Utility Pricing and the Poor : Lessons from Armenia
Increasing cost recovery for utilities is a cornerstone of the Government of Armenia's economic reform program. This report assesses the 1999 electricity tariff increase and the potential for future improved water sector cost recovery, with particular attention to questions of service accessibility and affordability for the poor . The burden of energy expenditures is large for most households, particularly for the poor. Electricity makes up the bulk of these expenditures, and a further increase in tariffs, without increasing access to low cost substitutes, would lead to the greatest hardship for the urban poor. Future electricity tariff increases should be closely coordinated with improved price response prediction and credible action to mitigate the potential impact on the poor and the environment. The water utilities are caught in a low-level equilibrium trap, characterized by decreasing service quality and revenue. The water utilities must break out of this trap by generating more revenues through improved service delivery. A two-stage approach is recommended. In the first stage, revenues should be increased by enforcing payment from the households that currently have reliable service but are not paying their bills, in the second stage, after collection capacity is strengthened, the utility should start a program of tariff adjustments, based on improved service and meter-based billing.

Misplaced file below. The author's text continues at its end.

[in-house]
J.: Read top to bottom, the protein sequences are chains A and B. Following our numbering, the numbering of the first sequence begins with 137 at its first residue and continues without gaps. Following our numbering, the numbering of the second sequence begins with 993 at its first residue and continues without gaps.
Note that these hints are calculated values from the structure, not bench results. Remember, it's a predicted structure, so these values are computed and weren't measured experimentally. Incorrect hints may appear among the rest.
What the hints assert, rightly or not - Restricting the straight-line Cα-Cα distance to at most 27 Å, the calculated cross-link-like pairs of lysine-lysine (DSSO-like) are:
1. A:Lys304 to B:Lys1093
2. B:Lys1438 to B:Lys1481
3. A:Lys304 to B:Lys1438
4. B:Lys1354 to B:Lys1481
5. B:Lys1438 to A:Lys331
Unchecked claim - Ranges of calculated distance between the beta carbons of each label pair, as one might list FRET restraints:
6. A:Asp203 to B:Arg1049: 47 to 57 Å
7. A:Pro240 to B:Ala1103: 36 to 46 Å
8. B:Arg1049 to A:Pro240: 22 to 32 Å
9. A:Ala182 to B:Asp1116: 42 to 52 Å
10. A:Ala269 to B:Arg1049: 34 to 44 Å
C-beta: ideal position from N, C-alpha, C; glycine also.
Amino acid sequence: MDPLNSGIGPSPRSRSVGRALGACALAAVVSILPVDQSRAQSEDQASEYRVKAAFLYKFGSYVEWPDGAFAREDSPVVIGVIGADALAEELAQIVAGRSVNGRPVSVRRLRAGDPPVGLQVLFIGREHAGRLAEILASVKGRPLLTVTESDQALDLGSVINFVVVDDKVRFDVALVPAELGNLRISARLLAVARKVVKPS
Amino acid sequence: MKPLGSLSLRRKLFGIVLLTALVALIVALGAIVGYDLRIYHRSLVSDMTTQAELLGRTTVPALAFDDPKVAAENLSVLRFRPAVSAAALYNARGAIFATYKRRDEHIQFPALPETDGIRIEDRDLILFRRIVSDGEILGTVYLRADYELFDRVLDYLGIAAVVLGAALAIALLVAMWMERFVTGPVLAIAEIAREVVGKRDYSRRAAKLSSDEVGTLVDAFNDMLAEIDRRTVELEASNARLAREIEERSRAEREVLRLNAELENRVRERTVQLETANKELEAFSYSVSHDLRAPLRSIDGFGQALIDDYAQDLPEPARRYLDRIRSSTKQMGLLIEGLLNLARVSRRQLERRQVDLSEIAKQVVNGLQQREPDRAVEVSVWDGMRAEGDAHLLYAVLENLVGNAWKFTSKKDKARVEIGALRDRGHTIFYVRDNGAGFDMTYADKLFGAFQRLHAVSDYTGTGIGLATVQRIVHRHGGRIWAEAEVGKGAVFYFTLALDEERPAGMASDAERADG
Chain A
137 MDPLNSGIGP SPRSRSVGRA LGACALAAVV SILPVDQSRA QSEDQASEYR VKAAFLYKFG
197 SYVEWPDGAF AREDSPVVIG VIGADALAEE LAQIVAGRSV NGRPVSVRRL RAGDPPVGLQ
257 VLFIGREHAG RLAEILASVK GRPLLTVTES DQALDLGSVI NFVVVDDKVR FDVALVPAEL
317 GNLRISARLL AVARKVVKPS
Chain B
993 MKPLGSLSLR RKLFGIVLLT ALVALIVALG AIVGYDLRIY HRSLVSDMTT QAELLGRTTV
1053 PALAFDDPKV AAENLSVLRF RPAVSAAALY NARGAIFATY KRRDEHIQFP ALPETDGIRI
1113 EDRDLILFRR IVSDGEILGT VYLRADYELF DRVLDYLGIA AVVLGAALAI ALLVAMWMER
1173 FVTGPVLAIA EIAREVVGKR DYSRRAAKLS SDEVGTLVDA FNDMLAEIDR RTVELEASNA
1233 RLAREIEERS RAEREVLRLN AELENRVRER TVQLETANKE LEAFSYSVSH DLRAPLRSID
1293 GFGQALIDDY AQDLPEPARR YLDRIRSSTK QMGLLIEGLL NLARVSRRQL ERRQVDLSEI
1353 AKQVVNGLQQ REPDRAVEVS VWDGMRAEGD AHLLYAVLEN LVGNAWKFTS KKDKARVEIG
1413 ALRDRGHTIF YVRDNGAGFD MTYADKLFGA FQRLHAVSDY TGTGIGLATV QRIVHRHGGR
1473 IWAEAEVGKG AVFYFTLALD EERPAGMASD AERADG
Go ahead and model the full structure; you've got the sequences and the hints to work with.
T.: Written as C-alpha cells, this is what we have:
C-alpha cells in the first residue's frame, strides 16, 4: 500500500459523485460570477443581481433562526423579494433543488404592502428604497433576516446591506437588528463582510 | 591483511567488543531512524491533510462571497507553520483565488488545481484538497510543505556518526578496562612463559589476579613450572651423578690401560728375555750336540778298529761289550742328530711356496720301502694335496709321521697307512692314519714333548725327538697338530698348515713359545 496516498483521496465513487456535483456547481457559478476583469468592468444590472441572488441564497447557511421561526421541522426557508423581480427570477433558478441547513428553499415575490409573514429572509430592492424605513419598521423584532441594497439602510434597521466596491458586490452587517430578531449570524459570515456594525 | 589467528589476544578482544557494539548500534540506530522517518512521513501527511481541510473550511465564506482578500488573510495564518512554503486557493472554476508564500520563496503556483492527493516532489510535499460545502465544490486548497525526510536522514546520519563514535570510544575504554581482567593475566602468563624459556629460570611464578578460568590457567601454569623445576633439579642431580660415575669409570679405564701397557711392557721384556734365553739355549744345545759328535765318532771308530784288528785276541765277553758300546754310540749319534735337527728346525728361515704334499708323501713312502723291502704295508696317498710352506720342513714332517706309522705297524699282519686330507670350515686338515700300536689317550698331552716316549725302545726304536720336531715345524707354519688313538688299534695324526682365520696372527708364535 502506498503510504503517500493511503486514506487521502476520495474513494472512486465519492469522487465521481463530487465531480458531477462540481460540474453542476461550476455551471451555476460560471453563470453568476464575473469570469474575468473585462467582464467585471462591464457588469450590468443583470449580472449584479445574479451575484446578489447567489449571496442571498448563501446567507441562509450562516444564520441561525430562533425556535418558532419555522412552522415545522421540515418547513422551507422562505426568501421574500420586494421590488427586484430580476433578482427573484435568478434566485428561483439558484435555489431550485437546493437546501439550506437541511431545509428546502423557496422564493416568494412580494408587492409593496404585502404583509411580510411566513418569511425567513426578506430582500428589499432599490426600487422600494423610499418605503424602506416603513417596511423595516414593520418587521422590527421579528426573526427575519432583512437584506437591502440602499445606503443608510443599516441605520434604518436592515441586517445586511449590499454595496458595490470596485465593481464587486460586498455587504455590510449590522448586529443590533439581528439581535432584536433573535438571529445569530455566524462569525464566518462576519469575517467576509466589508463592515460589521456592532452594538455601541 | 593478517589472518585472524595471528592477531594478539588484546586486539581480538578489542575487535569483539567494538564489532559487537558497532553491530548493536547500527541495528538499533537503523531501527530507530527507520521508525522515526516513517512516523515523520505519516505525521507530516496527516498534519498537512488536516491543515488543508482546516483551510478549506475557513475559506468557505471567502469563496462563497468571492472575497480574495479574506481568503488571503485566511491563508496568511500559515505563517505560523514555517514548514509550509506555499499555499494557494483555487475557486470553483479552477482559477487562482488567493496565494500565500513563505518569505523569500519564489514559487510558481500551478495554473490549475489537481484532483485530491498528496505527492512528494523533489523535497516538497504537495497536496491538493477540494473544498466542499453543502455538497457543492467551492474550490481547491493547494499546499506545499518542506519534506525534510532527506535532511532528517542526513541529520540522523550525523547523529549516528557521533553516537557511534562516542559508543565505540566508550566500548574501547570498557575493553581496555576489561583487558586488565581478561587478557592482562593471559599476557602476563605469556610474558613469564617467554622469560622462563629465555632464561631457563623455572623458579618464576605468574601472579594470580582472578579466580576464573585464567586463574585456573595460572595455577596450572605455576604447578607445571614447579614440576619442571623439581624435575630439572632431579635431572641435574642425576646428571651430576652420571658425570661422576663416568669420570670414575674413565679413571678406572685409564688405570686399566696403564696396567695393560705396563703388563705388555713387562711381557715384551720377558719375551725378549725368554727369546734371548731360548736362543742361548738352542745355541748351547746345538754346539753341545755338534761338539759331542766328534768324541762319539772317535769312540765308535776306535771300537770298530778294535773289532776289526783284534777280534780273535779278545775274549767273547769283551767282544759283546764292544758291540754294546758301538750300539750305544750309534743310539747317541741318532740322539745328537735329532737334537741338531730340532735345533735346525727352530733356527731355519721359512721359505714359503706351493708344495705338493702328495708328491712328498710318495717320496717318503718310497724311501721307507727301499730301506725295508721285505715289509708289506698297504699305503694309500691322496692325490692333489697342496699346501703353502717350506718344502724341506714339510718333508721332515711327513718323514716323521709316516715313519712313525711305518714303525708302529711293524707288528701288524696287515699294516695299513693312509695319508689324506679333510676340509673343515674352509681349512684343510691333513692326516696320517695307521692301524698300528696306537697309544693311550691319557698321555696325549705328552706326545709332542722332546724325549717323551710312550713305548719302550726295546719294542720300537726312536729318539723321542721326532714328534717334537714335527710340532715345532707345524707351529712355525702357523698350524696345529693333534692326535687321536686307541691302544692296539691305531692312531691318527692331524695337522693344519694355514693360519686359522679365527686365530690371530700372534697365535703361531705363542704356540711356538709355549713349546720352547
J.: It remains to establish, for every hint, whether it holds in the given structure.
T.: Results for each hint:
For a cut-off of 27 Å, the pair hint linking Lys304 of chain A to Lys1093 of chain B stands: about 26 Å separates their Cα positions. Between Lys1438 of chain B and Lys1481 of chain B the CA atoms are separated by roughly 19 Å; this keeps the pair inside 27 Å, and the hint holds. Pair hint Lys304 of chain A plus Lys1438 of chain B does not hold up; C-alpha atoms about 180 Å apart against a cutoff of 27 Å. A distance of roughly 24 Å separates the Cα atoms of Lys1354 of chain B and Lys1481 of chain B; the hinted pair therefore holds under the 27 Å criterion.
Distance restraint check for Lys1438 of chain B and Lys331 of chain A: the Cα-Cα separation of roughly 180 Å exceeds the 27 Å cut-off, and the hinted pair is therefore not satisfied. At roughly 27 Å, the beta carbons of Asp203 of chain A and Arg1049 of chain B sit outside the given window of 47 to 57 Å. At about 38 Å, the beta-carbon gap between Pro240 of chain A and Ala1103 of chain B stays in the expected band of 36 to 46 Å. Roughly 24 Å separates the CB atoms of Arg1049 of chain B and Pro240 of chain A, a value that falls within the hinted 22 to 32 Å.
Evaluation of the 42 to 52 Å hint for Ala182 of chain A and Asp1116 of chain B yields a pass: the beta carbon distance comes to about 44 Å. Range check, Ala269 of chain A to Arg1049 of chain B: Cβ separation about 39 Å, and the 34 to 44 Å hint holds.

|This book is provided by The World Bank in its series World Bank Publications with number 13913 and published in 2001-05.|
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